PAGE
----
The Temple Mount is Judaism’s holiest site. Jerusalem is the ancient and modern Jewish capital, and Israel is the ancestral Jewish homeland. These are verifiable and substantiated facts of history!

Yet Itamar Ben-Gvir’s visit to the Temple Mount last week proves once again that the deepest dogma of anti-Semitism since the Holocaust is against the foundation of Judaism itself. While Ben-Gvir is an extremely divisive and controversial figure, this does not erase the fact that the Temple Mount is still the holiest site for the Jewish people. 

Anti-Semitic attacks wrapped in lies can be likened to another version of an improvised explosive device (IED), as evidenced by how condemnation of Ben-Gvir’s visit to the Temple Mount detonated across the world. Last week, Ben-Gvir—newly appointed as Israel’s National Security Minister—decided to do the unthinkable: he, a Jew, walked up to Judaism’s holiest site. The Temple Mount is permanently inscribed in Jewish biblical history, secular history, and archaeological discoveries. Its walls were built around the summit of Mount Moriah. 

Biblically, this is where Abraham offered his son Isaac as a sacrifice. In Genesis 22:1-2, we read: “Some time later God tested Abraham. He said to him, ‘Abraham!’ ‘Here I am,’ he replied. Then God said, ‘Take your son, your only son, whom you love—Isaac—and go to the region of Moriah. Sacrifice him there as a burnt offering on a mountain I will show you.’”

Nevertheless, Ben-Gvir’s visit triggered a worldwide uproar. His decision to visit the Temple Mount was met by worries from Israelis who feared a Third Palestinian Intifada (uprising). It was not an unfounded fear. Former Prime Minister Ariel Sharon’s visit to the Temple Mount in 2000 set off an Intifada (uprising) by PLO Chairman Yasser Arafat.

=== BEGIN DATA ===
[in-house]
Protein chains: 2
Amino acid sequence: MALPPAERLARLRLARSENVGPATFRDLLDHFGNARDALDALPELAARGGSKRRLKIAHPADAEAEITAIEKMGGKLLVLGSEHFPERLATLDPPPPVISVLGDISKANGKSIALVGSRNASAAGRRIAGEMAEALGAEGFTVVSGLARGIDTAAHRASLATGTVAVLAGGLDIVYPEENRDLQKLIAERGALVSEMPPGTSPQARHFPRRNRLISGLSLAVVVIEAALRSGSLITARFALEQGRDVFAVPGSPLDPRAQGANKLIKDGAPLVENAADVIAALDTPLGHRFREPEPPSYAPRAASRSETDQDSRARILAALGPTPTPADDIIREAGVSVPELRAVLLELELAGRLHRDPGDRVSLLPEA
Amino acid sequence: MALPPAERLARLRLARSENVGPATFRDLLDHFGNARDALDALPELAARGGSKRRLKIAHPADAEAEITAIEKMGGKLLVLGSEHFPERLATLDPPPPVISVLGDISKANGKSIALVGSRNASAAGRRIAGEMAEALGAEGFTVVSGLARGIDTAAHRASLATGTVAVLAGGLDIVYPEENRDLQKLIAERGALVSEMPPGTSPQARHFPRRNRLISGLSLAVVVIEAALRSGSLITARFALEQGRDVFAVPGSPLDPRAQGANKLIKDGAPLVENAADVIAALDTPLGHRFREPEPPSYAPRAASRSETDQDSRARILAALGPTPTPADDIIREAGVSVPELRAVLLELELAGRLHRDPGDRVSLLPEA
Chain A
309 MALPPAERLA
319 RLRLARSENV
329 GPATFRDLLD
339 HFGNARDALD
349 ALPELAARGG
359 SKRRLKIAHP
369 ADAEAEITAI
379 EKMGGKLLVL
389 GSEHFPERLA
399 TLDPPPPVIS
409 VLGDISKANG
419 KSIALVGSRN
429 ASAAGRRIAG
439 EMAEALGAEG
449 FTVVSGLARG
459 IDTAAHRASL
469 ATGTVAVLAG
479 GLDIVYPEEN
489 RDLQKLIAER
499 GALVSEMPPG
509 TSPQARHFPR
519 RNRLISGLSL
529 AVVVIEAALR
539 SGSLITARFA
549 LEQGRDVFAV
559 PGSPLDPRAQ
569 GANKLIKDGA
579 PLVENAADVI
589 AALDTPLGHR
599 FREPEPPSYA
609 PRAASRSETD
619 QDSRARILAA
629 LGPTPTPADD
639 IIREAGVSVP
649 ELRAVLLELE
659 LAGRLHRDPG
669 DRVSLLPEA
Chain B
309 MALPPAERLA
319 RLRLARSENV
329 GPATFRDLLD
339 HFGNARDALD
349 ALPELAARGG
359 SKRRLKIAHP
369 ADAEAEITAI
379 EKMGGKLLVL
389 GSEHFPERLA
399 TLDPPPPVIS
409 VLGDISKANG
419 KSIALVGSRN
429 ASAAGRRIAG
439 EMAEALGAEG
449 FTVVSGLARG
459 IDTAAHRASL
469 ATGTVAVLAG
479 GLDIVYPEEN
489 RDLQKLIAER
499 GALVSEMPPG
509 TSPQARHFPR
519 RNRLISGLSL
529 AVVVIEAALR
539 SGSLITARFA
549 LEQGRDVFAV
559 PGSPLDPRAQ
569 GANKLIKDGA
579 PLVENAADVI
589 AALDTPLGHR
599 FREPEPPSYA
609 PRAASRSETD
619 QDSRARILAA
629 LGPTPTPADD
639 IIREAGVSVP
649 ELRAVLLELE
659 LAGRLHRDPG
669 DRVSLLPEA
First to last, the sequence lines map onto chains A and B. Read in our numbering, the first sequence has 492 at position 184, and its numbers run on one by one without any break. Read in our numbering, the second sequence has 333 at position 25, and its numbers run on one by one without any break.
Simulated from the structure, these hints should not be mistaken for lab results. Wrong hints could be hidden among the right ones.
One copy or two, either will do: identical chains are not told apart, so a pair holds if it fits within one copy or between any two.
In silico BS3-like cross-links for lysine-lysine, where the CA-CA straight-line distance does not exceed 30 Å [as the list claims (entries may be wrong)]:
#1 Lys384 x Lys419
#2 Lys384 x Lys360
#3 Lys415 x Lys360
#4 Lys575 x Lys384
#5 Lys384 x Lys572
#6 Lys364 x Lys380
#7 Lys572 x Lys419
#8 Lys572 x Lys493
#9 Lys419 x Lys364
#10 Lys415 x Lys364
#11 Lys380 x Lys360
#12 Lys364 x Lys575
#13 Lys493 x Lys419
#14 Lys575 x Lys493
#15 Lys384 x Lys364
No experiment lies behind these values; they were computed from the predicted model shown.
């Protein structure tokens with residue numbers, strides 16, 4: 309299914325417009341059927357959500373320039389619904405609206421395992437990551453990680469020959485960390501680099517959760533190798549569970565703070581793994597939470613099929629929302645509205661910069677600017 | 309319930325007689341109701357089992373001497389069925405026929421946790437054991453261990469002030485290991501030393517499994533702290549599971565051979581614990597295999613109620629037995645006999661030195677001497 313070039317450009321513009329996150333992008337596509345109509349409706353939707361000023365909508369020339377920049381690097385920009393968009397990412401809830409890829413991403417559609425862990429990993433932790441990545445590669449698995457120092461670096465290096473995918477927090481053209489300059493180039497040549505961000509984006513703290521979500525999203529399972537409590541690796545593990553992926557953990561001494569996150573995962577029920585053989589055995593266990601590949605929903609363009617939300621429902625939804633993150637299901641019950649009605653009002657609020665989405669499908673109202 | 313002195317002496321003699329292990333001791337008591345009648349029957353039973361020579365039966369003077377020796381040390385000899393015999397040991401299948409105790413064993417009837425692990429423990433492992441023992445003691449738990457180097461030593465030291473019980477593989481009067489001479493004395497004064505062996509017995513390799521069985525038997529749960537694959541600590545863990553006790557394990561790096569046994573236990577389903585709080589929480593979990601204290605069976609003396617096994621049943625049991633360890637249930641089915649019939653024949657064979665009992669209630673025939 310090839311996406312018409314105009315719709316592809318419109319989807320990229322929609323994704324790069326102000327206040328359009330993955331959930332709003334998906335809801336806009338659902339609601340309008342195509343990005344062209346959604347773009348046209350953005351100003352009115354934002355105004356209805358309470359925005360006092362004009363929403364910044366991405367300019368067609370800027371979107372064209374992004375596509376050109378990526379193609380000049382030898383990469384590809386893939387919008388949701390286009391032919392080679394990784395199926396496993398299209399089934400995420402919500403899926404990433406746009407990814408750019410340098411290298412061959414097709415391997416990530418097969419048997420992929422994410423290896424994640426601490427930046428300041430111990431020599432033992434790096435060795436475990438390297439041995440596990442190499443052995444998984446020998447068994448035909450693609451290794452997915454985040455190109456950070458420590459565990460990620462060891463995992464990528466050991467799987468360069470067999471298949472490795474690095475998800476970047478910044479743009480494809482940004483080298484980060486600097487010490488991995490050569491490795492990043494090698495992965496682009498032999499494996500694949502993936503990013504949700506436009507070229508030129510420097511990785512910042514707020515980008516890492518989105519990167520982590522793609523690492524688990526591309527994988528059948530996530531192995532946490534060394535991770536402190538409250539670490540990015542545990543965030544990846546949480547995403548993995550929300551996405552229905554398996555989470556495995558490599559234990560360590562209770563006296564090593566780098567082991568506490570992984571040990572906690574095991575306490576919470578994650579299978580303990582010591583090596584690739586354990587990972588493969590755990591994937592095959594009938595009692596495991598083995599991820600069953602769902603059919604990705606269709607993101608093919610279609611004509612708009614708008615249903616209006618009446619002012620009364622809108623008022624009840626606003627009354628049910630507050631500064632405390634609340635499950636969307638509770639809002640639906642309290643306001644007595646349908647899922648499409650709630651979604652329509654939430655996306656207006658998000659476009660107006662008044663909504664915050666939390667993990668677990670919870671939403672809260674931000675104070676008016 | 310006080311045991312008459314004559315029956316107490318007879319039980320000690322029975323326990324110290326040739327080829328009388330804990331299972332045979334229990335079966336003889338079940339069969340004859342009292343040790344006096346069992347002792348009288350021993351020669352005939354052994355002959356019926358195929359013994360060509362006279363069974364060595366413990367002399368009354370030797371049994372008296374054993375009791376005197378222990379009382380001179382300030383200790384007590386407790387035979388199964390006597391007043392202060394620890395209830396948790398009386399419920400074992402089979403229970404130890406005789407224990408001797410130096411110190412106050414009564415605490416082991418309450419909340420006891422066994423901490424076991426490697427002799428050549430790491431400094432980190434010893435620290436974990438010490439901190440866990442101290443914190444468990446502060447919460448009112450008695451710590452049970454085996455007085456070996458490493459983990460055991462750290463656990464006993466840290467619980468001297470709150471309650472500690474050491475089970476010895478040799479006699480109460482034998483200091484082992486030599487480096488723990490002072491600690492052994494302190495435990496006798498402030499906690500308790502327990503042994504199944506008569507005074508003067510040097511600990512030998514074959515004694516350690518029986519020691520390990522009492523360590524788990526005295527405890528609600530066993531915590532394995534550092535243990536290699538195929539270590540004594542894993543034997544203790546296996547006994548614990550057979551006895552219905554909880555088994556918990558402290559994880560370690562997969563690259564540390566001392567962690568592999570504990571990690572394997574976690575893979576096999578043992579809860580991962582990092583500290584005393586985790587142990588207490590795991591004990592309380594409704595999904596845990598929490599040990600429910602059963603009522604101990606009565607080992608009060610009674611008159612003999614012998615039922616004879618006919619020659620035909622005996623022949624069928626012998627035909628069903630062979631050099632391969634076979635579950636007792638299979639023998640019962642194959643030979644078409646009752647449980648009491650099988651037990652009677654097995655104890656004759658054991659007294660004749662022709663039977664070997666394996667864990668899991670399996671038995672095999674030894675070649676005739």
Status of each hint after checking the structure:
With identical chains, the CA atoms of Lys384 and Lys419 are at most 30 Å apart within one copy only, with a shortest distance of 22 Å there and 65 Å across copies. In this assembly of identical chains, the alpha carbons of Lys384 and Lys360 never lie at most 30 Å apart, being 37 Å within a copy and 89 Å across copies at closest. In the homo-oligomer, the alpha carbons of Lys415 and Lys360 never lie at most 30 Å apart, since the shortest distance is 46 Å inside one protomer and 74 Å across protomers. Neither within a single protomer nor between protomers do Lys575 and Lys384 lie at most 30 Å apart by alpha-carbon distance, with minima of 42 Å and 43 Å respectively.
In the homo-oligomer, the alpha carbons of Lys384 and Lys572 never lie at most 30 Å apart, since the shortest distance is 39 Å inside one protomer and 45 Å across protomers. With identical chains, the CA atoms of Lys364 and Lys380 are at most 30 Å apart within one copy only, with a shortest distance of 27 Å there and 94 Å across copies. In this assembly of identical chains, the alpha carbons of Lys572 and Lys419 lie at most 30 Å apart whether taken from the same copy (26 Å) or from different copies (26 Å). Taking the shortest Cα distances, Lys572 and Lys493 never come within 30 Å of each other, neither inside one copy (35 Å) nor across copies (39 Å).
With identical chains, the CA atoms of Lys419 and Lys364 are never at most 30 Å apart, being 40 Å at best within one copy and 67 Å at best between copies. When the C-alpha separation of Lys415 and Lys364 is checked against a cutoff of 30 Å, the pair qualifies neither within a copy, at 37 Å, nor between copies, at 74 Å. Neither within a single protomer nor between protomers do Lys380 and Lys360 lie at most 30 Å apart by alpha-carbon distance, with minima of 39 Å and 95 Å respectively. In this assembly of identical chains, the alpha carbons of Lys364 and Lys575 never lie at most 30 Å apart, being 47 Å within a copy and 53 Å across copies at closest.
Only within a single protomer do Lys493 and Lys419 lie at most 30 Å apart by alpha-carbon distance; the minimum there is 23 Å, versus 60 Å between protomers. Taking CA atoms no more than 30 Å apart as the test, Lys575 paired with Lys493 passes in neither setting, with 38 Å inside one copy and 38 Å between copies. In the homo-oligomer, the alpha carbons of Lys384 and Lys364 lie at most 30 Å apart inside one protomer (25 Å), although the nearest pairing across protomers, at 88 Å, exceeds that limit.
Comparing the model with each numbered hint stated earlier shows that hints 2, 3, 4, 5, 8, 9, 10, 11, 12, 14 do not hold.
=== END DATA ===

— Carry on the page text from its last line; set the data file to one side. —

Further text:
During this Second Intifada, from 2000 to 2005, Palestinian Muslims murdered more than a thousand Israeli civilians on the streets, on buses, and in restaurants. It wasn’t until months later that the Palestinian Authority Communications Minister, Imad Faluji, acknowledged that the uprising after Sharon’s visit had been part of Arafat’s plan to trigger more violence. By then it was far too late. The lies hardened into a counterfeit version of history and still circulate around the globe to this day. 

Earlier history from 1967 describes an unfortunate yet well-meant decision by Moshe Dayan, a respected Israeli general and statesman. (The Israel Defense Forces miraculously changed history and united east and west Jerusalem and recovered their biblical heartland: Judea and Samaria.) In an act of tolerance and religious freedom, General Dayan opened a door after Israel’s victory in the Six-Day War. He allowed the Jordanian Foundation, the Waqf, to remain as the administrator of the Temple Mount. Jordan had ruled over the Temple Mount, east Jerusalem, and the Western Wall (Kotel) for 20 years since Israel’s independence on May 14, 1948. The Jordanians excluded Jews from their holiest site, the Temple Mount, as well as the Western Wall.

Fifty-six years have passed, and the Waqf’s grip remains tight and has produced a mountain of historical forgetfulness teamed with propaganda. Slight improvements have taken place at the site. Nevertheless, atop the 32 acres, which can accommodate more than 400,000 worshippers, Jews are limited in their visitation days, and hours, and they can enter only through the Mughrabi Gate adjacent to the Kotel. Christians are also penalized. Scripture enlightens us that Jesus, our Jewish Messiah, frequented the Temple Mount.

The current media reports about Ben-Gvir’s visit rely on sensationalism, not historic facts. The media parrots the Palestinians’ erroneous narrative of history. Astonishingly, the United Nations declared an emergency meeting last Thursday in protest. Gilad Erdan, Israel’s Ambassador to the United Nations rightly commented, “There is absolutely no reason that this emergency session should be held. To hold it on a non-event is truly absurd.” He then asked, “Why are we holding an emergency session for something as simple as a Jew walking to the holiest site in Judaism?”